My interest in the paintings of Louisa Anne Beresford (née Stuart), Marchioness of Waterford (1818-1891) arose as the result of today being the bicentenary of her birth, on 14 April 1818, and the repeated statement that she was a Pre-Raphaelite. What I have found is fascinating, and her paintings worth looking at, but quite different.
Beresford was born in Paris into British nobility, the daughter of a Baronet whose family home was a castle overlooking the English Channel, who happened to be the British Ambassador in Paris at the time. In 1842, she married the Marquess of Waterford, so acquiring her title.
She was apparently taught drawing by John Ruskin, although as he was a year younger than her, I suspect that was not until her adult life. She was also allegedly taught to paint by Dante Gabriel Rossetti, although as he was ten years younger than her, I suspect that did not start until after 1850.
But she was different. One of the family estates included the small village of Ford, close to the eastern end of the Scottish border in Northumberland. When Beresford’s husband died in a riding accident in 1859, she determined that she would improve the welfare of her tenants, so rebuilt their houses and the village church, and had a new school constructed for them in 1860.
She painted extensive murals for the school, now known as Lady Waterford Hall, although sadly I have been unable to locate good images of them. These were painted on large sheets of paper, which were then mounted on canvas and affixed to the walls, and were not completed until 1882. From 1880, she was also occupied in work to prevent the family castle in Dorset from collapsing as a result of coastal erosion.
As a friend of Rossetti and Ruskin, Beresford was a member of the Pre-Raphaelite inner circle. It is thought that she modelled for John Everett Millais, although I don’t know of any identifications of her in his paintings.
Apart from her wall paintings, very little of her work is now accessible. The only works that I have been able to trace in public collections are one book of watercolour sketches spanning the years 1887-88, which is in the National Portrait Gallery, and a couple of larger watercolours in the Tate.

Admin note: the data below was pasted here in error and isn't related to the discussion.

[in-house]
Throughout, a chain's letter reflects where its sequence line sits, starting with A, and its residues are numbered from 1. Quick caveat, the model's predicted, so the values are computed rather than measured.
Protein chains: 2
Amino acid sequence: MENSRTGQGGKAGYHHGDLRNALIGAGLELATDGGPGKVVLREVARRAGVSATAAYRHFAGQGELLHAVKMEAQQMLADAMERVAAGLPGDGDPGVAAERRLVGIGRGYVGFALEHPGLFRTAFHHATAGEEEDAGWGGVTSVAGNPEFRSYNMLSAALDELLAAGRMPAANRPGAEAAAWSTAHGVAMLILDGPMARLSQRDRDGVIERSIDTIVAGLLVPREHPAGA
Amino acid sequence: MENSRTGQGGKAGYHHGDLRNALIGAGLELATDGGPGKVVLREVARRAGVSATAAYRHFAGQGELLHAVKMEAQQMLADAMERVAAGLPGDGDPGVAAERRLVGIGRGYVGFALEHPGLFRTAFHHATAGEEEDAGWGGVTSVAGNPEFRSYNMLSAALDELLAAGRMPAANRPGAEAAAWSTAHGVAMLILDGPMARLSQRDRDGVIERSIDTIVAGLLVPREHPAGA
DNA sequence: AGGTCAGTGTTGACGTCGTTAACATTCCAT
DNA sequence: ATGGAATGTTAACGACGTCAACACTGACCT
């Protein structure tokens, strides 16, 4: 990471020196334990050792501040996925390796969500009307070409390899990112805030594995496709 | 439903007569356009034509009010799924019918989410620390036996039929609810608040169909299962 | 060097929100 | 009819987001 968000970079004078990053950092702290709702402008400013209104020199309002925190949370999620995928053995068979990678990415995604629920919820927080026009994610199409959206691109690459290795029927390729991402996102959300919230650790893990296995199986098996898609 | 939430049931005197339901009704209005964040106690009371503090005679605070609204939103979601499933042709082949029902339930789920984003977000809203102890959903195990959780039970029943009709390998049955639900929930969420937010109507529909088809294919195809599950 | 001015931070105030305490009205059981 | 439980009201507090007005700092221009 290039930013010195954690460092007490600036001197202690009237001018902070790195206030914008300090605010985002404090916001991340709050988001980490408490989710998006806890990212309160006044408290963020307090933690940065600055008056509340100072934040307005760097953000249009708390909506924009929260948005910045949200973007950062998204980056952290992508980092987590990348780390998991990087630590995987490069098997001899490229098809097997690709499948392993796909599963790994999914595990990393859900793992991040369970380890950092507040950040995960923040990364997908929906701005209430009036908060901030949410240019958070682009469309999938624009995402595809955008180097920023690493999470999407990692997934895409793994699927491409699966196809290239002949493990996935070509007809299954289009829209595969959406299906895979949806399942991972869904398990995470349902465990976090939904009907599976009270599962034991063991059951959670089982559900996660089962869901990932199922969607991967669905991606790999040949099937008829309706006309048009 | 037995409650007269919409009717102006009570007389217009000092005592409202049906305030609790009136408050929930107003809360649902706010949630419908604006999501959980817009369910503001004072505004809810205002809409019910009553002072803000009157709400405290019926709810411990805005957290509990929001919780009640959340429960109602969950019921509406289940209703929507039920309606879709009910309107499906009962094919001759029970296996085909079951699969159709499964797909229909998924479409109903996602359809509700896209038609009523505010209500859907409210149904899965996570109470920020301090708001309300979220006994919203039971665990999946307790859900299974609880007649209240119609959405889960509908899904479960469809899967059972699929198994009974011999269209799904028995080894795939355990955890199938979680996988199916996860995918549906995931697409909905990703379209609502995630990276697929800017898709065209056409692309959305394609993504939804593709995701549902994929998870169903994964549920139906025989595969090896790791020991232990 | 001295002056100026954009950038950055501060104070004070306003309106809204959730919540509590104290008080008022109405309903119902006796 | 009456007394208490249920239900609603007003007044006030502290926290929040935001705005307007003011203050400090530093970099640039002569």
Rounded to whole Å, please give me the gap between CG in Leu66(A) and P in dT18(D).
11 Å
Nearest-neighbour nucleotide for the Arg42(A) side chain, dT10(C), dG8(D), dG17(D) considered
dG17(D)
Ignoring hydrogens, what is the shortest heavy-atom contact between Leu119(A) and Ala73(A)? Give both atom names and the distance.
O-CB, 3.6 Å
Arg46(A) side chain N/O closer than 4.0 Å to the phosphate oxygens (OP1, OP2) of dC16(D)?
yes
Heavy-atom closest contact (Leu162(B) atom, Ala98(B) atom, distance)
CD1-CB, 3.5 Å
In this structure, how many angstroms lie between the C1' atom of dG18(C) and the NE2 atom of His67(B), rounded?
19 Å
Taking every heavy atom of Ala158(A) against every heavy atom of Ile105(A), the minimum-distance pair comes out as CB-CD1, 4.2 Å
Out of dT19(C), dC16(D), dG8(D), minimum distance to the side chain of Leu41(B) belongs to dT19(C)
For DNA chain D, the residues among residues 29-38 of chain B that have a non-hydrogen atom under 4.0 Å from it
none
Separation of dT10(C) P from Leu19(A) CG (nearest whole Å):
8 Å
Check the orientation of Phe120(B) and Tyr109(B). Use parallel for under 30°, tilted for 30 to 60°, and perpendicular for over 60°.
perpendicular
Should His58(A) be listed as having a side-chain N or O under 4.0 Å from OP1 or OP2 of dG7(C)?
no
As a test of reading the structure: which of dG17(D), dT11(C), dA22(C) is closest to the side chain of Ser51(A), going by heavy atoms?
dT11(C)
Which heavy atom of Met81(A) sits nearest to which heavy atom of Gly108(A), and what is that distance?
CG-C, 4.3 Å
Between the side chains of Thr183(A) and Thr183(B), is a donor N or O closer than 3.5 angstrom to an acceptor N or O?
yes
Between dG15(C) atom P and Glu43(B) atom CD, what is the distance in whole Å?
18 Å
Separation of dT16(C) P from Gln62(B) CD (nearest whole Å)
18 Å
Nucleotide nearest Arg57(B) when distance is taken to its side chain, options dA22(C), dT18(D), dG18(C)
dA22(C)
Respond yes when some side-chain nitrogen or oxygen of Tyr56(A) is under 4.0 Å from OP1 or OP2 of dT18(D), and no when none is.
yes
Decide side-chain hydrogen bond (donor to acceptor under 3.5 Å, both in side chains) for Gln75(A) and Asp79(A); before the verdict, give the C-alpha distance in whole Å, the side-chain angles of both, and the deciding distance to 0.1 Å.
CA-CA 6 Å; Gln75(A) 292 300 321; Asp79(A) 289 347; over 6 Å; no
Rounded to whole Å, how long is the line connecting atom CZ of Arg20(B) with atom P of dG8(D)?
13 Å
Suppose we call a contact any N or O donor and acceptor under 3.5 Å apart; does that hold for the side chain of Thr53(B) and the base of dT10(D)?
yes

The book in the National Portrait Gallery contains a series of pencil and watercolour sketches made by Beresford over a period of about a year, from the middle of 1887. Most, like this sketch of an Unknown Child from 19 June 1887, are brisk and painterly, and have no further identification.
Several show scenes such as a Group of Five Men Working with a Net (1887) which were painted on the coast, most probably near the artist’s family home in Dorset. Her estate in Northumberland was well inland.
Two Unknown Men, Possibly Fishermen, from 26 July 1887, shows a fish of impressive size.
Beresford’s portrait of Marianne Margaret Egerton (née Compton), Viscountess Alford (‘Lady Marian Alford’) (30 August 1887) shows this elderly amateur artist, patron of the arts, and a particular champion of needlework, both as a fine art and for the employment of women. Although Alford was only a year older than Beresford, she died the following year.
Beresford’s small paintings of children, as in Three Unknown Children and a Cat, painted on 25 October 1887, are particularly good.
Her portrait of an Old Navvy (26 October 1887) demonstrates her use of Chinese White rather than reserved space.
This painting of an Unknown Boy drinking at a fountain on 3 February 1888 is one of the finest in the book.
These Two Unknown Girls were painted on 17 April 1888.
Her more substantial paintings include this undated scene of Two Children Picking Flowers, which remains in a private collection.
Her two undated paintings in the Tate’s collection are both of religious motifs, which may have coincided with her work on related themes for the murals in the village school in Northumberland. That above shows Christ Raising the Dead and does have a distinct Pre-Raphaelite feel to it. Sleeping Disciples below features a timeless composition and skilful use of colour.
Beresford died in 1891, and is buried in Ford churchyard; her gravestone was designed by George Frederic Watts, and its slab by his wife.
It is tragic that so few of her paintings are now accessible. As she had little incentive to sell her work, and doesn’t appear to have exhibited much until the 1870s, most must have gone into private collections. What remains suggests that there may be hidden treasures; for someone with the time and energy to track her paintings down, the reward could be well worth their effort. They might then discover whether she really was a Pre-Raphaelite artist.